Friday, July 6, 2012

The War of the Classes by Jack London

Socialism 101
War of the Classes is a collection of political writings by Jack London first published in 1905. London was a prominent socialist, and here he writes primarily about economic issues related to the struggle between labor and capital. At the time this book was compiled, socialism was gaining strength in America and abroad, massive strikes were causing frequent clashes between labor unions and the National Guard, and Socialist candidate Eugene V. Debs had just garnered over 400,000 votes in the Presidential election. London uses the current events of his day to educate the reader in basic Marxist principles. What results is both an instructive text on socialist theory and a snapshot of the state of labor issues in the early 20th century.

Though London was noted for his zealous radicalism, here he mostly avoids fiery rhetoric and states his case clearly and rationally. He doesn’t get distracted with a lot of anecdotes, metaphors, or poetic rhetoric, but rather stays focused on the facts, at least the facts as seen through his admittedly biased red-colored glasses. At times the book gets a little bogged down with statistics, but overall, through his skillfully penned prose, London renders the complex subject matter intelligible and the text a pleasure to read.

The meat of the book consists of five long essays that were originally written as speeches. In “The Class Struggle,” London outlines the basic conflict between labor and capital, and depicts the two sides as opposing armies preparing for all-out war. In “The Tramp,” London discusses the “surplus labor army” and its necessity within a capitalist society. “The Scab” details the myriad ways by which individuals and parties in our capitalist society are forced to “scab” each other, that is, to provide more labor for less payoff. In “The Question of the Maximum” London addresses the problem of surplus capital and asks the question, “How much economic growth is too much?” In “Wanted: A New Theory of Development,” he makes the case that the rise of the common man is actually antithetical to the evolutionary law of survival of the fittest. Once the socialist revolution is accomplished, London asks, what will be the new law of development that insures the continued evolution of the species? Also included are three shorter essays, including the autobiographical “How I Became a Socialist,” but due to their brevity and shallower depth of discourse they’re less compelling than the five longer pieces.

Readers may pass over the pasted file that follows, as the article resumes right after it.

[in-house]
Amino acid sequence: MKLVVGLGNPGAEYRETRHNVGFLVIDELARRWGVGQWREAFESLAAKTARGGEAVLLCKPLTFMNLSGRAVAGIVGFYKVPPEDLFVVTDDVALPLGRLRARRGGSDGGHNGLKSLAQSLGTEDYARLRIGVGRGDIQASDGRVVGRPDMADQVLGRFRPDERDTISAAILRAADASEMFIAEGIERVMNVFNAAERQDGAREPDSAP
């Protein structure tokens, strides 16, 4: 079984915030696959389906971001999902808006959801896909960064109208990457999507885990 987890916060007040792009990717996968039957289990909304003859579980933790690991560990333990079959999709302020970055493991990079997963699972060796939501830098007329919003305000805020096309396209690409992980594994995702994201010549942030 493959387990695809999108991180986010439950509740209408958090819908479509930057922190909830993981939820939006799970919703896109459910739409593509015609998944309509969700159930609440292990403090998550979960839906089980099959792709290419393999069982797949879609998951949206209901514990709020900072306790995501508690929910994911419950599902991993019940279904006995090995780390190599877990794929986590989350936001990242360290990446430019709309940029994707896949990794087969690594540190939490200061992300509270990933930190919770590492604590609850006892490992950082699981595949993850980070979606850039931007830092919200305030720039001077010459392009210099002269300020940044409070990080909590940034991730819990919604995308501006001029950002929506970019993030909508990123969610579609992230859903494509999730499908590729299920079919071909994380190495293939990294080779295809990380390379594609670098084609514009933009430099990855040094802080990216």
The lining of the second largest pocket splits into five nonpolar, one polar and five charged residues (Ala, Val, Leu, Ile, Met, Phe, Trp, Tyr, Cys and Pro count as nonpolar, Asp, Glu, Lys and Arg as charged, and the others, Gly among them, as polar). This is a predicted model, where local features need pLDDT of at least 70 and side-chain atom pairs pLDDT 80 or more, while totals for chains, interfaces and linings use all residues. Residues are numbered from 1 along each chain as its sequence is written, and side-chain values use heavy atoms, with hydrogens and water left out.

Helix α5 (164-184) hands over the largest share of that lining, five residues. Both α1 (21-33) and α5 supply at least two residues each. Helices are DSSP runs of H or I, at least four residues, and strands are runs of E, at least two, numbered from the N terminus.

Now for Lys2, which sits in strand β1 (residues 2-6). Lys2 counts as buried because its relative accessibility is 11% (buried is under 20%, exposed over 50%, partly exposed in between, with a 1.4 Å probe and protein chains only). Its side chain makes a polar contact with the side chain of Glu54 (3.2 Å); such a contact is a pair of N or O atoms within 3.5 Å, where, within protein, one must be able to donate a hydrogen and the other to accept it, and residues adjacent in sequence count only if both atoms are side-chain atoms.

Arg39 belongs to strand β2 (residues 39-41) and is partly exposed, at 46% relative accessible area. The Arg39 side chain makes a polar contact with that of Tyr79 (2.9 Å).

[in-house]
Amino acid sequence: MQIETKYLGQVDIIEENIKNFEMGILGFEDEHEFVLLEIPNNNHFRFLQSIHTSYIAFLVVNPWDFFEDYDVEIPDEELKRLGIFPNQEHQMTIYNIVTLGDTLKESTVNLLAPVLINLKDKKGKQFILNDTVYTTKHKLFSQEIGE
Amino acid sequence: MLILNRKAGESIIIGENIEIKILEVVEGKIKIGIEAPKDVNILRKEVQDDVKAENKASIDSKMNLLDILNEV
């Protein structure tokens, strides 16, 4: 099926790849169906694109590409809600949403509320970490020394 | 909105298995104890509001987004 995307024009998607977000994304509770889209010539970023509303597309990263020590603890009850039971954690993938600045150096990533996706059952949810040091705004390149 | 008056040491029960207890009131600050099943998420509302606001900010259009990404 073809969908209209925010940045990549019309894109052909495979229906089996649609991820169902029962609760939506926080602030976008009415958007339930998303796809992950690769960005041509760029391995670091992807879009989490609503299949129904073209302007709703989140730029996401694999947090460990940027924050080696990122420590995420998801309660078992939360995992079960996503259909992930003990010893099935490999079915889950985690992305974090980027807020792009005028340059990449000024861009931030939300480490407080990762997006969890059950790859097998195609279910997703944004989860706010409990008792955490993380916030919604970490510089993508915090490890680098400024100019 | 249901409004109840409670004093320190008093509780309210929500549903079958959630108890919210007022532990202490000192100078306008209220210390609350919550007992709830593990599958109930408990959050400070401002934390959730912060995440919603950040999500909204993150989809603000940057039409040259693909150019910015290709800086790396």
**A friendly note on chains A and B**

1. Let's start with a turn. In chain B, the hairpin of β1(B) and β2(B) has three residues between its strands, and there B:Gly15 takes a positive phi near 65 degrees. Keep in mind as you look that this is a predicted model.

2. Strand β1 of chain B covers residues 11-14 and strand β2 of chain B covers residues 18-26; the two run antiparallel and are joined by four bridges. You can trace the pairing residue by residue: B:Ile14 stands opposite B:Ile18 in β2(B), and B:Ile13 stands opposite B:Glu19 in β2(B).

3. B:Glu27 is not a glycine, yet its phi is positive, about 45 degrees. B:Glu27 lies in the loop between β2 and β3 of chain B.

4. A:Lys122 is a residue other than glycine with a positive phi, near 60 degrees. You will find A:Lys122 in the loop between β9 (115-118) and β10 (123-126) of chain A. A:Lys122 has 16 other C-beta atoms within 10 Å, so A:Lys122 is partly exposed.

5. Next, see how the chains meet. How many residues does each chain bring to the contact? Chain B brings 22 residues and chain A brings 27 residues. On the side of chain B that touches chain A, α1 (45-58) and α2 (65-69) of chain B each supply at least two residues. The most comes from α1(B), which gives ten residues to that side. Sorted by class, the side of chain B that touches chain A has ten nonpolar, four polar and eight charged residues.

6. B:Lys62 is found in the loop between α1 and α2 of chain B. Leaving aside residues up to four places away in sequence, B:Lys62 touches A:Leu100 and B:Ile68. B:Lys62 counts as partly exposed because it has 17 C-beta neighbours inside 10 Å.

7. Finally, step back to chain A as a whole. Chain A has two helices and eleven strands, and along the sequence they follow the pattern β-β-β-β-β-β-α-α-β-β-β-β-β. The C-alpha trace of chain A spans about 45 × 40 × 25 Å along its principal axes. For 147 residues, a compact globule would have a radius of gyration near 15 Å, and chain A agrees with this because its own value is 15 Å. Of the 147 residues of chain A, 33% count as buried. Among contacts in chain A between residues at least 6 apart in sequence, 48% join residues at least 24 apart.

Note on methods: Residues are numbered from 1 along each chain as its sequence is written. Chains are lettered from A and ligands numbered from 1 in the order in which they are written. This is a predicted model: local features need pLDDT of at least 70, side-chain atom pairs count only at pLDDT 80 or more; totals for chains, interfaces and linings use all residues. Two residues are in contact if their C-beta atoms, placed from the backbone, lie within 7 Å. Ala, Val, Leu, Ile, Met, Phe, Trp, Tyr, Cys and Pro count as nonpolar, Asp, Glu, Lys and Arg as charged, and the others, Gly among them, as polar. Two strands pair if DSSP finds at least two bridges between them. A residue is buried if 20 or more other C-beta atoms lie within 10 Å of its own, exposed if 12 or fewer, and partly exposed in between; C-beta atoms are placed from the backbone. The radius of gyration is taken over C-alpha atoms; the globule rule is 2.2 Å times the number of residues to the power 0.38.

Many of the labor issues of London’s time are still relevant today, and lessons learned from this book are still applicable. The difference between London’s day and ours is that he and millions of his comrades believed that a worldwide socialist revolution was imminent, whereas today, after the rise and fall of the Soviet Union and the ongoing capitalization of China, socialism remains anything but a potent force in world politics. If nothing else, London’s quixotic political thought provides a healthy dose of romantic nostalgia for a lost utopian dream.

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